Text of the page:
I went to a conference led by an author who spoke on children today having a nature deficiency syndrome that is partially responsible for the rise in depression and ADHD. I pretty much accepted that we are all doomed after hearing him speak.

    1. yay! You’re here! 😀

      I can see why you’d hover. Your kids are still pretty young. My son is very mature for his age and is extremely responsible (unlike I was at his age) so I trust him to be outside in our backyard by himself. Julia? Well, she’s only five so I have my helicopter moments still!

      Hope you’re enjoying your bloggy break! I am shipping out your package today.

      PS buh-buh buh-buh buhhhhhhhhh

  42. You and I had similar childhoods, Darla. We’d be out all day, especially in the summer. We’d have games that fifteen or twenty kids could play, and for hours. Things have definitely changed. When my son was seven or eight, I began to notice that our block became a ghost town in the summer. He’d come back in, like your kids, and complain about being bored. I’d wonder how that could be, until I looked outside and saw an empty street. I think kids are all scheduled these days — soccer, swimming lessons, camp. I guess parents think children need to be told when and how to have fun. It’s too bad, isn’t it?

    1. Yes, it is a ghost town now! I think structure certainly has its place, but it doesn’t have to be a constant thing in a kid’s life. They’ll have more than enough time for that stuff when they’re working full time.

      My son is playing soccer this fall but I’ve tried to cut down on the number of organized sports (he used to do three or four a year and had zero time for much else)

  43. I suppose it’s that outdoors they have to use their imaginations and the internet and games keep their minds so busy that they don’t have time to really develop that. It’s such a shame, really. But I know how it feels – a long period on the ‘net and my own brain seizes up the same way. However I go outside and after a while (once the internal chatter has died down) nature takes its hold on me and imagination returns.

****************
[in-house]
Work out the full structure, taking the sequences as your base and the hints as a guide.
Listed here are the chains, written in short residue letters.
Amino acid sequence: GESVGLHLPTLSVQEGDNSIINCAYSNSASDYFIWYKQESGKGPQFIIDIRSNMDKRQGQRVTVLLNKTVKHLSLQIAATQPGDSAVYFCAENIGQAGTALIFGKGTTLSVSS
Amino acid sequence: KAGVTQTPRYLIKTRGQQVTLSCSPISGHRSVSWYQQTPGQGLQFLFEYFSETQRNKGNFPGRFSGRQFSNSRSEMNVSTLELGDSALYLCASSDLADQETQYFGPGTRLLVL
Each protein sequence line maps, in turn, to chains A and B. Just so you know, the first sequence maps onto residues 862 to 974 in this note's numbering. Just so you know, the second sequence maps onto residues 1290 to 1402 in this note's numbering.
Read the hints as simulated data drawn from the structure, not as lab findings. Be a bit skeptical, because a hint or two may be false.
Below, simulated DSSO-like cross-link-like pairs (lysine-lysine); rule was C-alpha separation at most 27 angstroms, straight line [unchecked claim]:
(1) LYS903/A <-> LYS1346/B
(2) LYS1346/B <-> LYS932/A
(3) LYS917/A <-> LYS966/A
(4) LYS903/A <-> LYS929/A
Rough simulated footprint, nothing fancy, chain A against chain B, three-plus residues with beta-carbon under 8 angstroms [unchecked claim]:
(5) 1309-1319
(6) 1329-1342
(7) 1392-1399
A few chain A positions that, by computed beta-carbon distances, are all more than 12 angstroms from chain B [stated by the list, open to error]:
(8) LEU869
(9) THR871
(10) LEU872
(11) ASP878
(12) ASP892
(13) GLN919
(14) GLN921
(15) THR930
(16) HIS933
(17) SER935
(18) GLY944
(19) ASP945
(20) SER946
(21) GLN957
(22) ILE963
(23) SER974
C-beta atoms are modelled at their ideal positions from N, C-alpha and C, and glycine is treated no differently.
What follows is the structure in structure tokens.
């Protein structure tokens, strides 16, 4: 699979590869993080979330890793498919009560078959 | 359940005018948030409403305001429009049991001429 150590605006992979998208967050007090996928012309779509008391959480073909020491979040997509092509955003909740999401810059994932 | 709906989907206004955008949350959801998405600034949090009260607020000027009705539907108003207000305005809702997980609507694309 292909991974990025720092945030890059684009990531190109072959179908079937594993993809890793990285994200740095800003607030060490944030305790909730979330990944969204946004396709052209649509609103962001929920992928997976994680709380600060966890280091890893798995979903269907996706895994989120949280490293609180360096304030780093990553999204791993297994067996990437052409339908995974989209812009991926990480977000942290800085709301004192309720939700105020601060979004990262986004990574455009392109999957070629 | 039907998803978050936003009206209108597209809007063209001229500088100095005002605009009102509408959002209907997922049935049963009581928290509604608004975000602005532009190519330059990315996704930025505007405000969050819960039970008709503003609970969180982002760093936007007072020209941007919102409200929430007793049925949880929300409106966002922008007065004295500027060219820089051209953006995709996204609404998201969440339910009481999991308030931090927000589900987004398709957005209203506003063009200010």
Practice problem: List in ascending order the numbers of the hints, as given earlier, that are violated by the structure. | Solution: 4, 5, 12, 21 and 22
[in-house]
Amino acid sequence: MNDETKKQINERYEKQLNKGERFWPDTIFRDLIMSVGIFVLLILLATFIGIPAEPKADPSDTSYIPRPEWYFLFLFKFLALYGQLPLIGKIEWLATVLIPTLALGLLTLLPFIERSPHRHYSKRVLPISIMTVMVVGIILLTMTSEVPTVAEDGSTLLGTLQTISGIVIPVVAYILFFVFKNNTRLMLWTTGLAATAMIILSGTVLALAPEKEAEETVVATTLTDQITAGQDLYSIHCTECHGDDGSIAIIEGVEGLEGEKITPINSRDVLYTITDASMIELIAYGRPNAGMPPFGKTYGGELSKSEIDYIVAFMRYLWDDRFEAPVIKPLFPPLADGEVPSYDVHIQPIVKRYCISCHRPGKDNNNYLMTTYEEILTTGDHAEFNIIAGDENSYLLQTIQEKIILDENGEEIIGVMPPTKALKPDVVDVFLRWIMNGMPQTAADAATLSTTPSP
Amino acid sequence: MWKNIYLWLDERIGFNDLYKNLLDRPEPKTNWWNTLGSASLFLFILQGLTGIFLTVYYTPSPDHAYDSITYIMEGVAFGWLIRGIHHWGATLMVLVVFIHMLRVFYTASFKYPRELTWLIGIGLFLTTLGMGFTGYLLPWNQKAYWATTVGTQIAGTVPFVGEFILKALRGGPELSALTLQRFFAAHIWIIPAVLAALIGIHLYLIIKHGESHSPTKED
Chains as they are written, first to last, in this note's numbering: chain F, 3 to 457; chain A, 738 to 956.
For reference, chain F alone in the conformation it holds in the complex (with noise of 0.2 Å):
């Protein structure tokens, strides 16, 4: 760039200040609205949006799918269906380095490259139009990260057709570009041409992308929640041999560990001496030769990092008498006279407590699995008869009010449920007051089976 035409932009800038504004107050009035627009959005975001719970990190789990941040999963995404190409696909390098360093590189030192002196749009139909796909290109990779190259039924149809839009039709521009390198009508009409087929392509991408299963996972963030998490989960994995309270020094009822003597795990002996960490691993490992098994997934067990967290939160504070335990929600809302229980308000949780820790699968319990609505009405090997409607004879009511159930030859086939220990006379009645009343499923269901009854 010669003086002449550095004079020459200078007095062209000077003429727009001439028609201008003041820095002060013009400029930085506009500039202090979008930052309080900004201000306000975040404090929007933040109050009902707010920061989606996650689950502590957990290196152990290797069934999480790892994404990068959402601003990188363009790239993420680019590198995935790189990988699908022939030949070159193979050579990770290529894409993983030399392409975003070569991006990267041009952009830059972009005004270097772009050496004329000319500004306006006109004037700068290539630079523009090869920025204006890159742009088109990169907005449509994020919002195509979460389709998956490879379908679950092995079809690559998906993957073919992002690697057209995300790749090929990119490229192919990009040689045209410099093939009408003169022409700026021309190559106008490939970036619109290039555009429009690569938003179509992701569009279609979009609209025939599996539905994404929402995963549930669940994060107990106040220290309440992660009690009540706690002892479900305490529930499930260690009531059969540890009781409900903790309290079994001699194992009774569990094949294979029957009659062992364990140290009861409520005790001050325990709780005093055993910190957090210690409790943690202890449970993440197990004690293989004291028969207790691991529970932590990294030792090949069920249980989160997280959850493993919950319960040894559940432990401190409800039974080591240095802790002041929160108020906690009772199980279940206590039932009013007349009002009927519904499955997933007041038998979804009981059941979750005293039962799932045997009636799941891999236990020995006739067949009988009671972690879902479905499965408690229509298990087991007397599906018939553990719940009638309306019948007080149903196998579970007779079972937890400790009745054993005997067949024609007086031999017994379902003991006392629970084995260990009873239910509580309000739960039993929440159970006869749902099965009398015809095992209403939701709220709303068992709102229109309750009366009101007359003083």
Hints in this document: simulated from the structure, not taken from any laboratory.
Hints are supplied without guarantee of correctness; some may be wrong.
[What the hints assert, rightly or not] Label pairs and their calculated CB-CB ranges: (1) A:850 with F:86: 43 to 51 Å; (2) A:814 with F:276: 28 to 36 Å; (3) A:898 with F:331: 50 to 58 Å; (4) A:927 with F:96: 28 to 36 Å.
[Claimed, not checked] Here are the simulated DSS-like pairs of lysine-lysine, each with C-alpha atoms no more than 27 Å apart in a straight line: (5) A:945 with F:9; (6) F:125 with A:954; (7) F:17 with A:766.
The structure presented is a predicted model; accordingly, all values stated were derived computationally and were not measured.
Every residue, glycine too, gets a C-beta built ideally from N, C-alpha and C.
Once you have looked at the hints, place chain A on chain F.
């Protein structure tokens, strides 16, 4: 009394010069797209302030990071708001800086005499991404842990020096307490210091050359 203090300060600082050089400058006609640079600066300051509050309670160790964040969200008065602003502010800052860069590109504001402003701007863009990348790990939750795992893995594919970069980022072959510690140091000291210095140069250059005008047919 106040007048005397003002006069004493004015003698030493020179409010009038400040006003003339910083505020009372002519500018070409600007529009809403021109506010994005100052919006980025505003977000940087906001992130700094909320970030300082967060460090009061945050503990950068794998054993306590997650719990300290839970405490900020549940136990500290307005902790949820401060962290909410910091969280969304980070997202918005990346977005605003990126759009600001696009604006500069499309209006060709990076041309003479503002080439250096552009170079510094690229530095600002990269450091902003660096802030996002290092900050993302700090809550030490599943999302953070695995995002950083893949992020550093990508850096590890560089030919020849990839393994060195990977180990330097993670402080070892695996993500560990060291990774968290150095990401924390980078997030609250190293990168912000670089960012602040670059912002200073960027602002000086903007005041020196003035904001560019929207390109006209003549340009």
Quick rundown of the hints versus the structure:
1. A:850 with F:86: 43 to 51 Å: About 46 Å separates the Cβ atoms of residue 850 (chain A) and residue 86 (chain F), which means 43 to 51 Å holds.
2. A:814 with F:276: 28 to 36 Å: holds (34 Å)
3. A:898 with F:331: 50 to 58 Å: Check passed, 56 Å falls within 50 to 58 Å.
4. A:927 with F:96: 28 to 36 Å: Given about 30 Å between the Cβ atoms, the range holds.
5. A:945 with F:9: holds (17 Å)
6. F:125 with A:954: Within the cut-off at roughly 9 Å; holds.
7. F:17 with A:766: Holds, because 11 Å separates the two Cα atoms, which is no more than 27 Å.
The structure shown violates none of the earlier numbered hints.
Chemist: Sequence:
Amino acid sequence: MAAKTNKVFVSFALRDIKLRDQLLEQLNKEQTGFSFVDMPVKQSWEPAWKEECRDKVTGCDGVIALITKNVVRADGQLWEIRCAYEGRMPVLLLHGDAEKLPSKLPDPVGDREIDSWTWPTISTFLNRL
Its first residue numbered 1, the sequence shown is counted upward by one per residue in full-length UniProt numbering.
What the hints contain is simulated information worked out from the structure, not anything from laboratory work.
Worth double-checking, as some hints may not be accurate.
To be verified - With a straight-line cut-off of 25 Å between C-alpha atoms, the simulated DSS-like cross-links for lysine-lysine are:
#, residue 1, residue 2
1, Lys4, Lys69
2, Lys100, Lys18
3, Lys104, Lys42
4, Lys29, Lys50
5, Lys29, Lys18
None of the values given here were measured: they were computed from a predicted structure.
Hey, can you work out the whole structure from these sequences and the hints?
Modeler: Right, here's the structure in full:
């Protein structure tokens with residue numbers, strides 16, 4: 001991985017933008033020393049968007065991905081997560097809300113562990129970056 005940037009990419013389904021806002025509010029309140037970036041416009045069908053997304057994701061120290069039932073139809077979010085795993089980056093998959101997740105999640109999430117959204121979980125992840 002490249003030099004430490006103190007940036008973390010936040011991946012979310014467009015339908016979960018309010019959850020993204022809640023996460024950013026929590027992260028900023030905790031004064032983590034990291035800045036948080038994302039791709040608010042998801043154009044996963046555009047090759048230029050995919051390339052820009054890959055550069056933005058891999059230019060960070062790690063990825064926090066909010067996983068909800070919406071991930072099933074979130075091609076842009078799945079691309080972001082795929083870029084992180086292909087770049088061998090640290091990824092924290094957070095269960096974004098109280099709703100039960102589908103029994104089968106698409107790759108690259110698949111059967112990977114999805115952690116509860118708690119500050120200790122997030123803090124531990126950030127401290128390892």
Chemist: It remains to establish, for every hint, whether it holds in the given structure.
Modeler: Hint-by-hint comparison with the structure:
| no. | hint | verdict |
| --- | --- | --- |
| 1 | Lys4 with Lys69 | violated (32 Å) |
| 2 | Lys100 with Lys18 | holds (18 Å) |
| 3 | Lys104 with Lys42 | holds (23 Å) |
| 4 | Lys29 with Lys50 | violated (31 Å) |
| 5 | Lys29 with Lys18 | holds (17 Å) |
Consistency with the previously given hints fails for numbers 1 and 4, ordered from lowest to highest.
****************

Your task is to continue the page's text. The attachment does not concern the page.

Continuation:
I was quite ill as a child so I was cossetted and overprotected to such an extent that I didn’t really learn any strategies to look after myself and was rarely allowed to even be on my own. But when I was alone, I’d play in the garden or, when we were on holiday, at the seashore. My favourite thing was to take myself to the back of the garden and play behind a large shrub, where I couldn’t be seen (or so I thought!) And my ‘games’ were always to do with make-belief – I spent hours talking to worms, woodlice (slaters), and other little things.

    1. I also have problems when I’m on the internet too much. My mind almost feels so cluttered, it’s draining to me. I’m a pretty introverted person in general, so I’ve always needed the time to be alone or out in nature to meditate and recharge. I loved reading about your stories playing out in the garden. I used to do the same. I know it sounds corny, but I really was one with nature back then as a child. It was like this magical place to me.

  44. Bring your kids over to my house any day! We have the same problem with lacking kids to play with over here. Parents in my town sign their kids up for VBS, camps, soccer, little league, dance – whatever they can plug them into to keep them out of mom’s hair (a/k/a keeping them “busy”). Alas, my kids’ mom is too cheap for all of that, so in order to get some quiet every now-and-again, I kick them outside. You bet. In the 98 degree heat in the middle of the day. EVERY day. My sanity depends on it.